Nevada’s unmanned aircraft systems test site is ready to conduct “vital research” into integrating unmanned aircraft systems (UAS) into the nation’s civil airspace system, the FAA announced yesterday. The FAA granted Nevada a two-year Certificate of Waiver or Authorization (COA) to use an Insitu ScanEagle UAS at Desert Rock Airport in Mercury. With the approval, Nevada is the third of six UAS test sites to become operational.
Unmanned aerial vehicle
The FAA issued a certificate of authorization (COA) to AeroVironment allowing the company to fly its Puma AE unmanned aircraft system (UAS) for energy company BP in Alaska, the first time the agency has approved a commercial UAS operation over land.
The FAA announced on June 2 that seven aerial photo and video production companies are seeking regulatory exemptions that would allow the film and television industry to use unmanned aircraft systems (UAS) for the first time. If the requests, which are supported by the Motion Picture Association of America (MPAA), are granted, there could be useful economic benefits as the agency begins to address the demand for commercial UAS operations and how to balance them with safety concerns.
The U.S. Marine Corps has deployed the new RQ-21A Blackjack unmanned aircraft system (UAS) to Afghanistan through an early operational capability. The 135-pound-mtow aircraft is undergoing initial operational test and evaluation (IOT&E), a phase the service expects to complete this year.
Raphael Pirker cast a long shadow over the Unmanned Systems 2014 conference. Pirker’s challenge of an FAA fine for allegedly flying his Ritewing Zephyr recklessly at the University of Virginia came up repeatedly during the annual conference the Association of Unmanned Vehicle Systems International (AUVSI) stages, this year in Orlando.
Many of us in aviation in the U.S. haven’t been paying much attention to our neighbor to the north. Canadians are known for being somewhat quiet and unassuming. Sometimes it’s easy to forget that quiet and unassuming doesn’t mean they’re not busily working on practical solutions to important issues. In fact, there’s a lot going on in Canada that we in the U.S. could learn from in the aviation arena.
The Turkish aerospace industry was on full display last week during the ILA Berlin airshow, at which it was the official ‘partner country’. Turkish Aerospace Industries (TAI) put the T129 attack helicopter and the Anka Male UAV on static display, and showed the Hurkus turboprop trainer on its stand in Hall 6. Also in that hall were displays by avionics specialist Aselsan; simulation and training company Havelsan, missile house Roketsan, systems house STM, defense research and space organization Tubitak, and Turkish Airlines.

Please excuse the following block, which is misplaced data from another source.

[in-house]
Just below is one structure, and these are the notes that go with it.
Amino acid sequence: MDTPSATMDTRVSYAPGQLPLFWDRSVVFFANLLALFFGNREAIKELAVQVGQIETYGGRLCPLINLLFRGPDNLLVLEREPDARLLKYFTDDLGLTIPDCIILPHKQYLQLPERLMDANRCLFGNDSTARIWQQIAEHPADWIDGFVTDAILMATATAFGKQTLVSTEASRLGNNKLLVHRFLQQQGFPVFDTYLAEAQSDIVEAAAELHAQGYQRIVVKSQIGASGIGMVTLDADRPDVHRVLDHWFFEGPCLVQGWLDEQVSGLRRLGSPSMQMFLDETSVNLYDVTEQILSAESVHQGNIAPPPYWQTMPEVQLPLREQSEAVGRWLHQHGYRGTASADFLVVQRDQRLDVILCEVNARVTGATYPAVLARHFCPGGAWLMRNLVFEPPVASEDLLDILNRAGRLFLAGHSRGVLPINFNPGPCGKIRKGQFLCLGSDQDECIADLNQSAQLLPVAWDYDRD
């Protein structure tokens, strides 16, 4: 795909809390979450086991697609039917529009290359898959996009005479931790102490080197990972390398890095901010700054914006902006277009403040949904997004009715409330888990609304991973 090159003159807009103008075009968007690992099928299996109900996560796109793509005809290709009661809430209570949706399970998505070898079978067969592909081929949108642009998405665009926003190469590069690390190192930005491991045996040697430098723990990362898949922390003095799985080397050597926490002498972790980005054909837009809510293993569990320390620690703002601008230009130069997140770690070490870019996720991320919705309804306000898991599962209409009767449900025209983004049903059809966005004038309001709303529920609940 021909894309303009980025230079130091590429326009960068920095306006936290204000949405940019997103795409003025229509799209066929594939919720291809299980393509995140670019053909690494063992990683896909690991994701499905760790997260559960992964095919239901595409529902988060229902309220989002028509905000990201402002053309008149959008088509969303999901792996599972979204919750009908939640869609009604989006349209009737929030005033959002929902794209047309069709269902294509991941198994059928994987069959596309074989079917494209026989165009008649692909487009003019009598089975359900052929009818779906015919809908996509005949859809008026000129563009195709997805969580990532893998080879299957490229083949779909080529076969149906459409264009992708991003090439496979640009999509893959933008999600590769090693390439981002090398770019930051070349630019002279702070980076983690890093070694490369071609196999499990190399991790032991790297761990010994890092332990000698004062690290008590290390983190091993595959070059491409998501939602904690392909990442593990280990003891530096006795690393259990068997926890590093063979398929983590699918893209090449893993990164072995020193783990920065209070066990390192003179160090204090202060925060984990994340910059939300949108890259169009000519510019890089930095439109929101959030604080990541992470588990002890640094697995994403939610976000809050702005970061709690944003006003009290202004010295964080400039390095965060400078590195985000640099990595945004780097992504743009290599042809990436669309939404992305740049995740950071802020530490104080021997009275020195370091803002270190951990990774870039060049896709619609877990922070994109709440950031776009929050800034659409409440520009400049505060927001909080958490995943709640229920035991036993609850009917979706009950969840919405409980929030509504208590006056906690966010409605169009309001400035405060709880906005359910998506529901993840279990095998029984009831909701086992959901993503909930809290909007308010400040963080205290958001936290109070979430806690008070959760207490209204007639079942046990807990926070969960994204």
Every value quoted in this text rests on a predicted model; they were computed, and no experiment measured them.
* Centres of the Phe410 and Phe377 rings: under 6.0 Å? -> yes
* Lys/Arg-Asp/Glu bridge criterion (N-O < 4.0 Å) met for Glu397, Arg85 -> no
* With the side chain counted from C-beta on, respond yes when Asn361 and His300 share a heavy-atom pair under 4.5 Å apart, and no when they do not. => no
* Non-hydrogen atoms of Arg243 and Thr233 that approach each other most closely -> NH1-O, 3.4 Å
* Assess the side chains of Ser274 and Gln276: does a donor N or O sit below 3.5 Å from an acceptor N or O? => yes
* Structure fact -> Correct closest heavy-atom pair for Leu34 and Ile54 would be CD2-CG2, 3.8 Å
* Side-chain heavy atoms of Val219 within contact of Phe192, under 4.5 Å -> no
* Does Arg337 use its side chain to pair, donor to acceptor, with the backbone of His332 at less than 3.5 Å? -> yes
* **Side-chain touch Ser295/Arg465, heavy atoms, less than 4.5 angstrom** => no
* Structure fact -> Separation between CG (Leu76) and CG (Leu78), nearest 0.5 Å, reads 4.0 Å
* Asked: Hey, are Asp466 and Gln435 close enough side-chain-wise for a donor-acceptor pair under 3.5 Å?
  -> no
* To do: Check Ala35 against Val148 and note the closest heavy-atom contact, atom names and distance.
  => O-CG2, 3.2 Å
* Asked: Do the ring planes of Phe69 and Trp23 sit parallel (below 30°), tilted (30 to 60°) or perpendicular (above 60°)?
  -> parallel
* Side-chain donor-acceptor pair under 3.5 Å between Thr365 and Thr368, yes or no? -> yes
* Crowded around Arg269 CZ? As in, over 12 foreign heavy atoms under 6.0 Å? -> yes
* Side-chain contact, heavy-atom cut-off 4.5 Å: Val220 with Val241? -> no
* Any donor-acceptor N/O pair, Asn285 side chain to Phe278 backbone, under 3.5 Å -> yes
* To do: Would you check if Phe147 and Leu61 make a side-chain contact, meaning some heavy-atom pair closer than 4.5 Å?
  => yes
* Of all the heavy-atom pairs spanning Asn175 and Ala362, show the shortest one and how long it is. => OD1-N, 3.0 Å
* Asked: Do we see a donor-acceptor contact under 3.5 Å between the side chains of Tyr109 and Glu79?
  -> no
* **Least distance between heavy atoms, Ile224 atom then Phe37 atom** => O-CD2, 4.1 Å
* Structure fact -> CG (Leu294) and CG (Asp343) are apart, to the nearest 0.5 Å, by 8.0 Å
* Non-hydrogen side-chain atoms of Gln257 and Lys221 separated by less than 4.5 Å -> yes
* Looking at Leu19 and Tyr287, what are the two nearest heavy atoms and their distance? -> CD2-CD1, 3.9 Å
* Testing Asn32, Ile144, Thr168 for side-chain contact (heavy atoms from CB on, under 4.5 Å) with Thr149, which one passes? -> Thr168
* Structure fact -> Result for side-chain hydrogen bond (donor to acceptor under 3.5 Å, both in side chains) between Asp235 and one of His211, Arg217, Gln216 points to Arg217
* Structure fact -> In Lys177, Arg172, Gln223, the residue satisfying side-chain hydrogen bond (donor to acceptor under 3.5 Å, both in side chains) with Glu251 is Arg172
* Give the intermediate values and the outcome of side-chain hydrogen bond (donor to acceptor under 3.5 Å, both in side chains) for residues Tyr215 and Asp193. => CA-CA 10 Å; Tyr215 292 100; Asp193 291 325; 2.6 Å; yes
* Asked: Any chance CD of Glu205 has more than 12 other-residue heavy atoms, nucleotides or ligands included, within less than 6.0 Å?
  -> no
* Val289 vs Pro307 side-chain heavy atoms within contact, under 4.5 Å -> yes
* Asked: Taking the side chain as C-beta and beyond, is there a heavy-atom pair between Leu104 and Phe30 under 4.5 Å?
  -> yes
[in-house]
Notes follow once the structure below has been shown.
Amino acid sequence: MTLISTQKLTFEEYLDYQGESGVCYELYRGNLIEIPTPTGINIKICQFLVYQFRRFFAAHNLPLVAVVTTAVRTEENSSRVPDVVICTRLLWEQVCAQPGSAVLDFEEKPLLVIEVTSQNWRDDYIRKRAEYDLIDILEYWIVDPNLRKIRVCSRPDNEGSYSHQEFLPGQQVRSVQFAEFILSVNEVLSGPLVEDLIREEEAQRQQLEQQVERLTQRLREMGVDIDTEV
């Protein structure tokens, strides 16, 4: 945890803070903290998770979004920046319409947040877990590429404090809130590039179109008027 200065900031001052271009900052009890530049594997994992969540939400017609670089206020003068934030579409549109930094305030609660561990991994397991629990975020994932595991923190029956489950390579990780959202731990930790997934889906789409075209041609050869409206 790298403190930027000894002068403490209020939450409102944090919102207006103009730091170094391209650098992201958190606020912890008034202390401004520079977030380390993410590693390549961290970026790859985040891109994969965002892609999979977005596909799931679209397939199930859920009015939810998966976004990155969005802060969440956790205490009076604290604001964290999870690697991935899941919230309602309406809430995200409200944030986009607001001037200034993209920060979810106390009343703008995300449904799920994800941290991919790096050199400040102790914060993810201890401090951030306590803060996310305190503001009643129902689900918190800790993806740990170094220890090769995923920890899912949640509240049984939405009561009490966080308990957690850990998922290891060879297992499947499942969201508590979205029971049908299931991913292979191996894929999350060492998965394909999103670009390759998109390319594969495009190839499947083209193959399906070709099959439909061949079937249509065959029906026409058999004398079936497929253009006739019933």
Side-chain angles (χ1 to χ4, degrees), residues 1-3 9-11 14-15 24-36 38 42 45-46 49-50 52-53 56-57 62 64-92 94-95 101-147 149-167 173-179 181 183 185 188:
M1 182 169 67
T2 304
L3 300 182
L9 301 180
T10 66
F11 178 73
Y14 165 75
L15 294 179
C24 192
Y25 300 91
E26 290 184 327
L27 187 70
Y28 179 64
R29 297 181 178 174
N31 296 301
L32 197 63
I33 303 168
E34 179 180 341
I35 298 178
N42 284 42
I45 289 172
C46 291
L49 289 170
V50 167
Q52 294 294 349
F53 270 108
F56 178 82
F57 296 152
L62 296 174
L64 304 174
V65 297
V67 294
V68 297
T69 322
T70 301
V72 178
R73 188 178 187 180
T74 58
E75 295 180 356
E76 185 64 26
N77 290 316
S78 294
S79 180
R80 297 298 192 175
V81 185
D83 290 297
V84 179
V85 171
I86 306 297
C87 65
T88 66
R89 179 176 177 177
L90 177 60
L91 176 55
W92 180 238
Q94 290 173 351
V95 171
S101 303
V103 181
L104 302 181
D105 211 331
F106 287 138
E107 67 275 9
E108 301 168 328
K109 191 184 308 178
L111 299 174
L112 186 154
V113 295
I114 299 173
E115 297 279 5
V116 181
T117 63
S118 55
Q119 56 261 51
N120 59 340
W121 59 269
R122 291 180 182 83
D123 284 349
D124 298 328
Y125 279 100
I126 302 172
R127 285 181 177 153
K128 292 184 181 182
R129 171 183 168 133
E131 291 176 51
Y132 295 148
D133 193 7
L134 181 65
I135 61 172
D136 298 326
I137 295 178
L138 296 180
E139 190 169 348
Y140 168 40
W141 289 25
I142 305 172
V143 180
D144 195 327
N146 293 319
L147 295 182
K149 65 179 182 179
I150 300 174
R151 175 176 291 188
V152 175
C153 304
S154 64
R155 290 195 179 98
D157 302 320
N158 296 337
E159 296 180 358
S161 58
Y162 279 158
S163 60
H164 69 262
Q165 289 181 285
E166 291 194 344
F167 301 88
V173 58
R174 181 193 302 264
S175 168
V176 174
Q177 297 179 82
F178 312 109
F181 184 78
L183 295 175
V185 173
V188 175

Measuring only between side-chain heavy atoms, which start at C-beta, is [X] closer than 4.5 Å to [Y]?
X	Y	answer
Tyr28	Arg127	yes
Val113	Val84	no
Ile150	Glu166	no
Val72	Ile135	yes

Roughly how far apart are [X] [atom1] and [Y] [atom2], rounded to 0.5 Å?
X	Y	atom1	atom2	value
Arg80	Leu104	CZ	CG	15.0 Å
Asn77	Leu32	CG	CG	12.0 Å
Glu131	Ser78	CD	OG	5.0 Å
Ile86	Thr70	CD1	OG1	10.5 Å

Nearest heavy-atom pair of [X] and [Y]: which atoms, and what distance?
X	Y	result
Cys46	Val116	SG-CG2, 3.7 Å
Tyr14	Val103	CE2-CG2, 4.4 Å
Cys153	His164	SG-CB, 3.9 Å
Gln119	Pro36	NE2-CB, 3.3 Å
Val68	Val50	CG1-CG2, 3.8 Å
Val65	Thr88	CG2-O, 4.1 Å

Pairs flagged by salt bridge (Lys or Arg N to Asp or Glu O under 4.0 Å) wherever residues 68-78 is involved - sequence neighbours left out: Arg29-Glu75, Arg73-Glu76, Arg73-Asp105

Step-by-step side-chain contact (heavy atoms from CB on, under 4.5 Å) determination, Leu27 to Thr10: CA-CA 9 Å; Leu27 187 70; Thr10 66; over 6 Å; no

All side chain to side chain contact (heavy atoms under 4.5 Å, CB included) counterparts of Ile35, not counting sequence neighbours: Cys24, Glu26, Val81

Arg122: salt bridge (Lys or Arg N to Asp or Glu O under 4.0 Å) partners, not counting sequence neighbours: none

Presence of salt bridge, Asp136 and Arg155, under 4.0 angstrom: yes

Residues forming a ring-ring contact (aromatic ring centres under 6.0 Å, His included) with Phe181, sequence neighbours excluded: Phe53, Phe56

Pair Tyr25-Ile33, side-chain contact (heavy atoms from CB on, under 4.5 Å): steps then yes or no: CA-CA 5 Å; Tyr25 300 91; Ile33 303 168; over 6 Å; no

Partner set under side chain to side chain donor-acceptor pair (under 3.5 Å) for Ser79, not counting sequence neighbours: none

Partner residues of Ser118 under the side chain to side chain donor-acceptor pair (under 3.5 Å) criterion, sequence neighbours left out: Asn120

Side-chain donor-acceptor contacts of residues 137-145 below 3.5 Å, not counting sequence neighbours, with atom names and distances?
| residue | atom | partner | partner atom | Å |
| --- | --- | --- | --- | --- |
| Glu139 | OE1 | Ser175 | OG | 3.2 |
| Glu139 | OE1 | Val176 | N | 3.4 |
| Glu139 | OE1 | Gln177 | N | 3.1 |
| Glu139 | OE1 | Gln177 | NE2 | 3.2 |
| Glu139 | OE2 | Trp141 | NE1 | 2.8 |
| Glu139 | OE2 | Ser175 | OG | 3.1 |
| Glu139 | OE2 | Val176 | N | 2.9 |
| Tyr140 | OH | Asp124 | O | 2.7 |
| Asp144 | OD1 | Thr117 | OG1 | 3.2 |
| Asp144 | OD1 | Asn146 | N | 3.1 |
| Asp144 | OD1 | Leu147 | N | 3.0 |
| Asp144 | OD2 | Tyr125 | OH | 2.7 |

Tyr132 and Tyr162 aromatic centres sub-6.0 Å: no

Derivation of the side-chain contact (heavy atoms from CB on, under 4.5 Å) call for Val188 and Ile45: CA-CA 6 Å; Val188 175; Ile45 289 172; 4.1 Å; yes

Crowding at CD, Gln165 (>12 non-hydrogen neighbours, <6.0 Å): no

Airbus Defence & Space (D&S), Alenia and Dassault Aviation have proposed a Project Definition (PD) study for a future European medium-altitude long-endurance (MALE) UAV to the governments of France, Germany and Italy. At the same time, however, Airbus D&S may be working with Israel Aircraft Industries (IAI) to develop what it describes as “bridging solution” for the German armed forces, using the Heron TP. Meanwhile, General Atomics–Aeronautical Systems Inc (GA-ASI) is quietly confident that Germany may join the European “Reaper Club” that already comprises France, Italy and the UK as members.
German aviation and electronic system house ESG has proposed a new Israeli SIGINT aircraft as a replacement for Germany’s cancelled Euro Hawk SIGINT UAV. ESG displayed a large model of IAI-Elta’s conversion of the Bombardier Global 5000 business jet on its stand at the ILA Berlin airshow this week. The Luftwaffe has been told to evaluate five alternatives to the Euro Hawk, but this is the only one that would abandon development of the Integrated Signals Intelligence System (ISIS) SIGINT that Airbus Defence & Space was developing for the Euro Hawk.
Battle lines have formed in the National Transportation Safety Board (NTSB) review of the $10,000 fine the FAA charged Raphael Pirker for operating a small unmanned aircraft. Six parties filed “friend of the court” amicus briefs by the NTSB’s May 16 deadline, including a coalition of major news media organizations supporting Pirker’s position.